Don’t Get Hot Under The Collar

As we approach the summer months in the UK it is time to consider the effects of heat.  I know ” what heat” I can here you all saying!  In the UK we tend to greet sunny days by striping down to the bare essentials and slowly cooking ourselves.  This is fine if we are on the beach or in the back garden relaxing.  But if we are out walking then it is important to be aware of the effects of heat.

All to often, as walkers, we are more aware of hypothermia (the effects of the cold) than we are of the heat.  Maybe this is a result of the British climate.  But recent summers have been getting hotter and hotter.  As I write this (June 2018) we have just experienced the hottest May on records, and this is becoming a regular trend.

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It is therefore important that we, as walkers, are fully aware of the impact of excessive heat.  Heat related illnesses can be split into two distinct areas – Heat Exhaustion and Heat Stroke.

Heat exhaustion is not serious and usually gets better when you cool down. If it turns into heat stroke it needs to be treated as an emergency. (NHS)

Heat exhaustion

This is the body’s response to an excessive loss of water and salt contained in sweat through exposure to high temperatures. Those most prone to heat exhaustion are elderly people, people with high blood pressure and those working or exercising in a hot environment, which includes walkers.
According to the NHS, the signs of heat exhaustion include:
  • headache
  • dizziness and confusion
  • loss of appetite and feeling sick
  • excessive sweating and pale, clammy skin
  • cramps in the arms, legs and stomach
  • fast breathing or pulse
  • temperature of 38C or above
  • intense thirst

If you notice any of these signs in yourself or any member of a walking group you are with, they may have heat exhaustion and need to be cooled down as soon as possible.

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In order to cool some down, follow these 4 simple, but obvious, steps:
  1. Move them to a cool place.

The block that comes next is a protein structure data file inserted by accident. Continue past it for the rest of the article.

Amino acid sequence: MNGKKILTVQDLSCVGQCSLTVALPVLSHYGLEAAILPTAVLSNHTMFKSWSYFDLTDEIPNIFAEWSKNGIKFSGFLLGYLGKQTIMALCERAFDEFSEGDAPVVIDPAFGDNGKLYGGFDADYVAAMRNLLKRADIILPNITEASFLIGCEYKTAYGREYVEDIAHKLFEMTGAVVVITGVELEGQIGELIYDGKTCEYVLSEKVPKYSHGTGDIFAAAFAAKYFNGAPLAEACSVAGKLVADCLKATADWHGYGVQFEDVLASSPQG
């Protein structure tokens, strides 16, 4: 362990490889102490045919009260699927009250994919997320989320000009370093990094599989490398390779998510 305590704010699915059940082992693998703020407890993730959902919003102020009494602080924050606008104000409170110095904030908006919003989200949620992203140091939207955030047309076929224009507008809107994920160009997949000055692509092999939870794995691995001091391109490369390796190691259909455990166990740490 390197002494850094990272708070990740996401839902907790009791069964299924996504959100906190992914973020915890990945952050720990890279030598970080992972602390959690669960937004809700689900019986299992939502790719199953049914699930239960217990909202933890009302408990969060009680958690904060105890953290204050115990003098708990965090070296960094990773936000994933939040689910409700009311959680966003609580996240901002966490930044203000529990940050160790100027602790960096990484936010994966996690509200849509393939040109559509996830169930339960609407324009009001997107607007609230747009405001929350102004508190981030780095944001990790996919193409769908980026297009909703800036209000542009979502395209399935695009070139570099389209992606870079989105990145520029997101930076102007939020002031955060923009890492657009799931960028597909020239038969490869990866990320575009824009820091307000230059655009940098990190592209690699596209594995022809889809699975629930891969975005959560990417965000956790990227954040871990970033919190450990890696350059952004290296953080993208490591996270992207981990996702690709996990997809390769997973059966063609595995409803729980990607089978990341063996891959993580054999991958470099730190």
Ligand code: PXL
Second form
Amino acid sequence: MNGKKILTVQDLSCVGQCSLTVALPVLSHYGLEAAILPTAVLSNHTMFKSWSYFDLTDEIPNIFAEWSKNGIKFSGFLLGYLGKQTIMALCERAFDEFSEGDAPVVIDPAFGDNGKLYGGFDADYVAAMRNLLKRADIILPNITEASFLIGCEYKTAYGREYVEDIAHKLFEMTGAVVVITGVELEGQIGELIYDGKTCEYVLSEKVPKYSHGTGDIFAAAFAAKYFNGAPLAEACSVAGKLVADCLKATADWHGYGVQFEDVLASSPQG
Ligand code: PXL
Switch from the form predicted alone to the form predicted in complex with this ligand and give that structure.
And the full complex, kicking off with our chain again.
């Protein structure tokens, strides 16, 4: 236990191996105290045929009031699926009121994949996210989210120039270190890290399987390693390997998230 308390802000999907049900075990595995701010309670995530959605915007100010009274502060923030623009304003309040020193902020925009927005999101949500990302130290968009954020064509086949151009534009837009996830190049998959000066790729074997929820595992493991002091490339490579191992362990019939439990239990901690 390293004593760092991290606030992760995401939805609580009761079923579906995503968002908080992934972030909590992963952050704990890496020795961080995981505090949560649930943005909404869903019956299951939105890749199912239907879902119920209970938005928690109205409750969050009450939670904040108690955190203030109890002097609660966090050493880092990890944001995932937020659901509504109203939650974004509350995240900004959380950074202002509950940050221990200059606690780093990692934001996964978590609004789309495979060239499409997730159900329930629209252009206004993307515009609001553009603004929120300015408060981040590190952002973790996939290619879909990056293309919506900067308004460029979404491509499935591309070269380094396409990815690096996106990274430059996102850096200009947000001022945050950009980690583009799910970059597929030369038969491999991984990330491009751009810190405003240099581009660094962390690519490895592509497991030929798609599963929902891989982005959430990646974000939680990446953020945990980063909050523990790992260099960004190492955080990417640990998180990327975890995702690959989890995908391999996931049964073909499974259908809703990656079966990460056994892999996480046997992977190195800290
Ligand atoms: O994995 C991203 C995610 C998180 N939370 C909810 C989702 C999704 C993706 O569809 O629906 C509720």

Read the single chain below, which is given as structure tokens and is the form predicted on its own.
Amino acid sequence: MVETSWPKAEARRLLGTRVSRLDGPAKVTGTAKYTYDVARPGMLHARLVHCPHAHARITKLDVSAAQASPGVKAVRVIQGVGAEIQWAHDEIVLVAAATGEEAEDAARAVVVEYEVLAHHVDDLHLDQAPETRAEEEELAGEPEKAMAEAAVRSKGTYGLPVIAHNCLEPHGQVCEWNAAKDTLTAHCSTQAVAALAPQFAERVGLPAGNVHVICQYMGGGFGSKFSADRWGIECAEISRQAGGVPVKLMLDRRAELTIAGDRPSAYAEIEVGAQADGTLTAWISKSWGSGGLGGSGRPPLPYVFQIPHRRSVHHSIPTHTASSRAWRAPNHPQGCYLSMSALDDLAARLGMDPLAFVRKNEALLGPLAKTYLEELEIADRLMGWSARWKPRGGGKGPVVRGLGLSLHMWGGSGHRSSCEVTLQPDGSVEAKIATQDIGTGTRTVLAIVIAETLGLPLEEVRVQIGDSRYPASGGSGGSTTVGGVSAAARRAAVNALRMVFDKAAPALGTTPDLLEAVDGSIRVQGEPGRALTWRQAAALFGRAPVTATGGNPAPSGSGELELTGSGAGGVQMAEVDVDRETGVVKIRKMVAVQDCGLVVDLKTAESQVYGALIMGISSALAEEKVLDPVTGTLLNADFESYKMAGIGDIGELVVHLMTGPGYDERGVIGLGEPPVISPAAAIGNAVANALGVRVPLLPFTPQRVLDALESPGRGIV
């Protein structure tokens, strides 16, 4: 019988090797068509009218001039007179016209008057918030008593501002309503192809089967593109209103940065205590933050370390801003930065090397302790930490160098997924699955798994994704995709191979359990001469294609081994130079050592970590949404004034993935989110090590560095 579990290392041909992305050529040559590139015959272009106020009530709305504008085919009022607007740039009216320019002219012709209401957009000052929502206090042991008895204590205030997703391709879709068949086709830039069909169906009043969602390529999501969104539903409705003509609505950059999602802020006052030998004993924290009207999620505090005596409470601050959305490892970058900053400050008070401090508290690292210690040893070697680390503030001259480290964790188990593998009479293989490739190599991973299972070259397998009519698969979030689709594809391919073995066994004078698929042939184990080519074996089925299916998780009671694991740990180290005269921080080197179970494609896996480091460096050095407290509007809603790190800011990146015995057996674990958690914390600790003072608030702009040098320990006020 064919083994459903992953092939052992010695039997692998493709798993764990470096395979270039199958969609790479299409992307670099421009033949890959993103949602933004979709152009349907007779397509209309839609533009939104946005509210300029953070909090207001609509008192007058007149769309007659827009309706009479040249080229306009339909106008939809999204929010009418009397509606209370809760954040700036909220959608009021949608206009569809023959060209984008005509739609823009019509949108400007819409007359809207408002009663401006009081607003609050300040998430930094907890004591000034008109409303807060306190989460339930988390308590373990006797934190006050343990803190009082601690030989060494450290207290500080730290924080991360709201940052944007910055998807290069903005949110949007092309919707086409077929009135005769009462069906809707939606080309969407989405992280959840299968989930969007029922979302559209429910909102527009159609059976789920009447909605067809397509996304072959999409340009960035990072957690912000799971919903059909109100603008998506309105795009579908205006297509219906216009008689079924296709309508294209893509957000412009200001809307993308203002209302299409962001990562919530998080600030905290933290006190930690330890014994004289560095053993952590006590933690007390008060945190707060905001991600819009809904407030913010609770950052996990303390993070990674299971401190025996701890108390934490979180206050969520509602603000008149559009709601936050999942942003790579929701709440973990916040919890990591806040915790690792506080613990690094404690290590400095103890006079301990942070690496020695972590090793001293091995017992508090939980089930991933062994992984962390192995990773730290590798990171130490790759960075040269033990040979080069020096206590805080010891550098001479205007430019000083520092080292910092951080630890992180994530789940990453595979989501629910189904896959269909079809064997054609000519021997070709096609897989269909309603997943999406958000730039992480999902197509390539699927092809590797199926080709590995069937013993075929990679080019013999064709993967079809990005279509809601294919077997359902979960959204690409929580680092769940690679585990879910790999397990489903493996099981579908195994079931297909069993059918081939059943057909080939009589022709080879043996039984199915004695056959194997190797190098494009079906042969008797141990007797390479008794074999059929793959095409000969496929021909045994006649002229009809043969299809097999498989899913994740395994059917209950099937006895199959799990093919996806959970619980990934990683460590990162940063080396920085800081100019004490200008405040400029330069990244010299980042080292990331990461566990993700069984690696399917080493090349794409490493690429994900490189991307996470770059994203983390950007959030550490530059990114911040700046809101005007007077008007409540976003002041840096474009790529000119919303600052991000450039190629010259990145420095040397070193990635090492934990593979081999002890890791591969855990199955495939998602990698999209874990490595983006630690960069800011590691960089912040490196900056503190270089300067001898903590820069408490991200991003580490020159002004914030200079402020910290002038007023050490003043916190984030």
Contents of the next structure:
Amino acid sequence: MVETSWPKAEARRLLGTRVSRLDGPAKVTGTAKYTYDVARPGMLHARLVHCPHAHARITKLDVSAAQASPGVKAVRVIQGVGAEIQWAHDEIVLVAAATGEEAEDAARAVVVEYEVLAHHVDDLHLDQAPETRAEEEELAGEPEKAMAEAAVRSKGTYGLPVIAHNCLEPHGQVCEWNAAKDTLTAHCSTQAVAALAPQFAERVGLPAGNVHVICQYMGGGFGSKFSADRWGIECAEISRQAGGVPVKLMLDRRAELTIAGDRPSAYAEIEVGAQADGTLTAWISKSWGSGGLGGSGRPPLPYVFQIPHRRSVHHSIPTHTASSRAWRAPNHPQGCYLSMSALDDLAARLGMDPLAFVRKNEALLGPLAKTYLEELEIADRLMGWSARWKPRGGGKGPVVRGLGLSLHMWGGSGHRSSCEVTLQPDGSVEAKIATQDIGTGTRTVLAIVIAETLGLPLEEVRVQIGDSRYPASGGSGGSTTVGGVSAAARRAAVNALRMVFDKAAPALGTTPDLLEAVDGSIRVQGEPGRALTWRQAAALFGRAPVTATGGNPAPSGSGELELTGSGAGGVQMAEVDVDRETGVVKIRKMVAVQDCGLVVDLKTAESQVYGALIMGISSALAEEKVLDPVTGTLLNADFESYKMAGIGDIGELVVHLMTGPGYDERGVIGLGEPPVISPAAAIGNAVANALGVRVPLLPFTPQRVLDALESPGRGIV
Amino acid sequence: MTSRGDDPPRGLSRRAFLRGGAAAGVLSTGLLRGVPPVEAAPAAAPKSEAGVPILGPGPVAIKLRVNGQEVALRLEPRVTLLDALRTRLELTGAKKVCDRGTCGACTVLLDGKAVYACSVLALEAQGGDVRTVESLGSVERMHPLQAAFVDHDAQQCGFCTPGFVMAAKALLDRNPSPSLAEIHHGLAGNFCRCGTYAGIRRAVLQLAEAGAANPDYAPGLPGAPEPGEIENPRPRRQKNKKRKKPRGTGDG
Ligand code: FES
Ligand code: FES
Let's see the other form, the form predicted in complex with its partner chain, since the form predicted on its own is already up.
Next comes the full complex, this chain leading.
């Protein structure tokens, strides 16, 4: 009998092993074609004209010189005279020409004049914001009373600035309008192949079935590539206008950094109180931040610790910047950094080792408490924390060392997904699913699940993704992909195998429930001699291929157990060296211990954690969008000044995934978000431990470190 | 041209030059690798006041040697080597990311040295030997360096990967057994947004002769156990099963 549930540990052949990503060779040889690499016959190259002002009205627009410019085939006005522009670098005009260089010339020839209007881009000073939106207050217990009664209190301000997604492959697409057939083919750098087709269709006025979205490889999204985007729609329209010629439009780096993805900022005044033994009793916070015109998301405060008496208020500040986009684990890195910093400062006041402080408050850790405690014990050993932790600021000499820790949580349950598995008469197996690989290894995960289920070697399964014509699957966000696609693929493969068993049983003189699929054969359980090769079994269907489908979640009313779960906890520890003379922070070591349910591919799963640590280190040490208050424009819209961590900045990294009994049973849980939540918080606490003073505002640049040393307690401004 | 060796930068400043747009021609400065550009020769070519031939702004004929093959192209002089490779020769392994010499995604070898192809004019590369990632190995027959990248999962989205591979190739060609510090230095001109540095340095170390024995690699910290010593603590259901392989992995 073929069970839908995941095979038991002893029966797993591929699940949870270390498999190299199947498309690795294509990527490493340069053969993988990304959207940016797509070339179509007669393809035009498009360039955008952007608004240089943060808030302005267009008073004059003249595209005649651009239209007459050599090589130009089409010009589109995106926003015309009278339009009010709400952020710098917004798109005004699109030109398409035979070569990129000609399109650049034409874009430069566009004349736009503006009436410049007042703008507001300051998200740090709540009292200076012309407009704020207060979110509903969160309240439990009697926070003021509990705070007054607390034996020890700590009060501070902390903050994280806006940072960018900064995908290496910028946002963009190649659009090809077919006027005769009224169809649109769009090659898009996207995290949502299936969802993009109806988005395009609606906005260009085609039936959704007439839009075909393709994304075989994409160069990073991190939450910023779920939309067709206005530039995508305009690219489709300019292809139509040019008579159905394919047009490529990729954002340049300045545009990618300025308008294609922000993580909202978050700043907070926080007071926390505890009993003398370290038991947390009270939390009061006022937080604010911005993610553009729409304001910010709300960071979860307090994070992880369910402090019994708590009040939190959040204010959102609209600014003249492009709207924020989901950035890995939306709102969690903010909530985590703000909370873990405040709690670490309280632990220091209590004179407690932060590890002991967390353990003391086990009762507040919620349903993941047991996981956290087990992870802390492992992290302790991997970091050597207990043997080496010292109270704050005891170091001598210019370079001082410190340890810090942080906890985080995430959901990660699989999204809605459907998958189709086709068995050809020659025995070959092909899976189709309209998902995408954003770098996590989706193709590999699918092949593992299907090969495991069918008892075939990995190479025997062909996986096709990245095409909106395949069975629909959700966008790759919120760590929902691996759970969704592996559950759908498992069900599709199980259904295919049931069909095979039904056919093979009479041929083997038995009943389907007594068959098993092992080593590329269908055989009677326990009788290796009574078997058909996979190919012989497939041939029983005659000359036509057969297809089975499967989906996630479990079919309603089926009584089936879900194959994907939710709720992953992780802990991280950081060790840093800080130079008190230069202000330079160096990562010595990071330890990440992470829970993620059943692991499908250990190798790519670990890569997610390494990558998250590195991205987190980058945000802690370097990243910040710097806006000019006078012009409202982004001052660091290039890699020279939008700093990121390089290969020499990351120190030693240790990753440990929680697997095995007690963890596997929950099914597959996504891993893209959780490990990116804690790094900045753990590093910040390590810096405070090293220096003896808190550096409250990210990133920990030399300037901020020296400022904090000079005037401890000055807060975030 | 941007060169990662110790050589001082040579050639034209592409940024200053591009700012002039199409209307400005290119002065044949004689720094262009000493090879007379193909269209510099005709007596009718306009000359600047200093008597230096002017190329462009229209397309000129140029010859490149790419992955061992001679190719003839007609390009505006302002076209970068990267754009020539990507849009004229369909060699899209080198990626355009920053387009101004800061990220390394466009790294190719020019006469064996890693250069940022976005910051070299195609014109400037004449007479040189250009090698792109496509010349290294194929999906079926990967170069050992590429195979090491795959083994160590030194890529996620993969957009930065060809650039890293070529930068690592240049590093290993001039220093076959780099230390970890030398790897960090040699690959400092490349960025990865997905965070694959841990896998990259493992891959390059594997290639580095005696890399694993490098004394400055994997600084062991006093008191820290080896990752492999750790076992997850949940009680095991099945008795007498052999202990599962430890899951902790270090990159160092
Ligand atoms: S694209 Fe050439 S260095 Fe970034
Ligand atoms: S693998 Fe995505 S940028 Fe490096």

2. Get them to lie down and raise their feet slightly.
  3. Get them to drink plenty of water. Sports or rehydration drinks are OK.
  4. Cool their skin – spray or sponge them with cool water and fan them. Cold packs around the armpits or neck are good too.

Stay with them until they are better.  They should start to cool down and show signs of feeling better within 30 minutes.

If, however, after 30 minutes they have not recovered and are showing any of the following signs:
  • feels hot and dry
  • is not sweating even though they are too hot
  • has a temperature that’s risen to 40C or above
  • has rapid or shortness of breath
  • is confused
  • has a fit (seizure)
  • loses consciousness
  • is unresponsive

These can be signs of heat stroke and you must call 999 immediately

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Preventing heat exhaustion and heat stroke

There is a high risk of heat exhaustion or heat stroke when walking during hot weather.  You may feel that it is not too hot and that you are fine.  However, be warned – I am one of the worse culprits for saying I’ll just walk to the top, or the next gate before stopping to take a drink.

This attitude highlighted itself in June last year.  I was on an early morning walk along the cliffs of the Jurassic Coast in Dorset.  There was a cool breeze and a clear blue sky.  I was walking west so the sun was rising behind me.  This route goes up and down steep cliffs without respite and I never noticed the temperature rising.

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I kept saying to myself I will stop at the next summit for a drink.  But the hassle of having to take my rucksack off to get to my drink meant I kept going.  Eventually I started to feel weak and dizzy and realised I had allowed myself to overheat.  I stopped, rested and drank plenty of water and soon felt better.  But even so I made the decision to call it a day and to return to the car.

To help prevent the onset of heat exhaustion or heat stroke when out walking:

  • drink plenty of fluids
  • wear light-coloured, loose clothing
  • sprinkle water over skin or clothes
  • avoid the sun between 11am and 3pm
  • avoid excess alcohol the night before
  • walk at a slower pace
  • take frequent breaks
  • cover the neck and head
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At the end of the day it is all about commonsense.  Stay hydrated, stay cool, take frequent rests and enjoy your walks this summer.  Remember – keep your water bottle handie and not packed away in your rucksack!
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2 thoughts on “Don’t Get Hot Under The Collar

  1. Mrs Chris

    Excellent advice, especially keeping covered with loose, light clothing, I find this keeps me a lot more comfortable than bare arms etc. As to water, for about 14 years I have used a water bag, ice and water at the start of a walk, with the tube always to hand. I never add squash etc and make sure it is well rinsed and thoroughly dried between times so do not needed to sterilise it.

    Like

    1. Thanks for you thoughts and advice. Recently I have started taking a Water To Go bottle with me which means I can fill it up whenever I find water and the onboard filter cleans the water.

      If you ever fancy writing a ‘Guest Blog’ for me at anytime please let me know at glyn(at)doddy.co.uk

      Like

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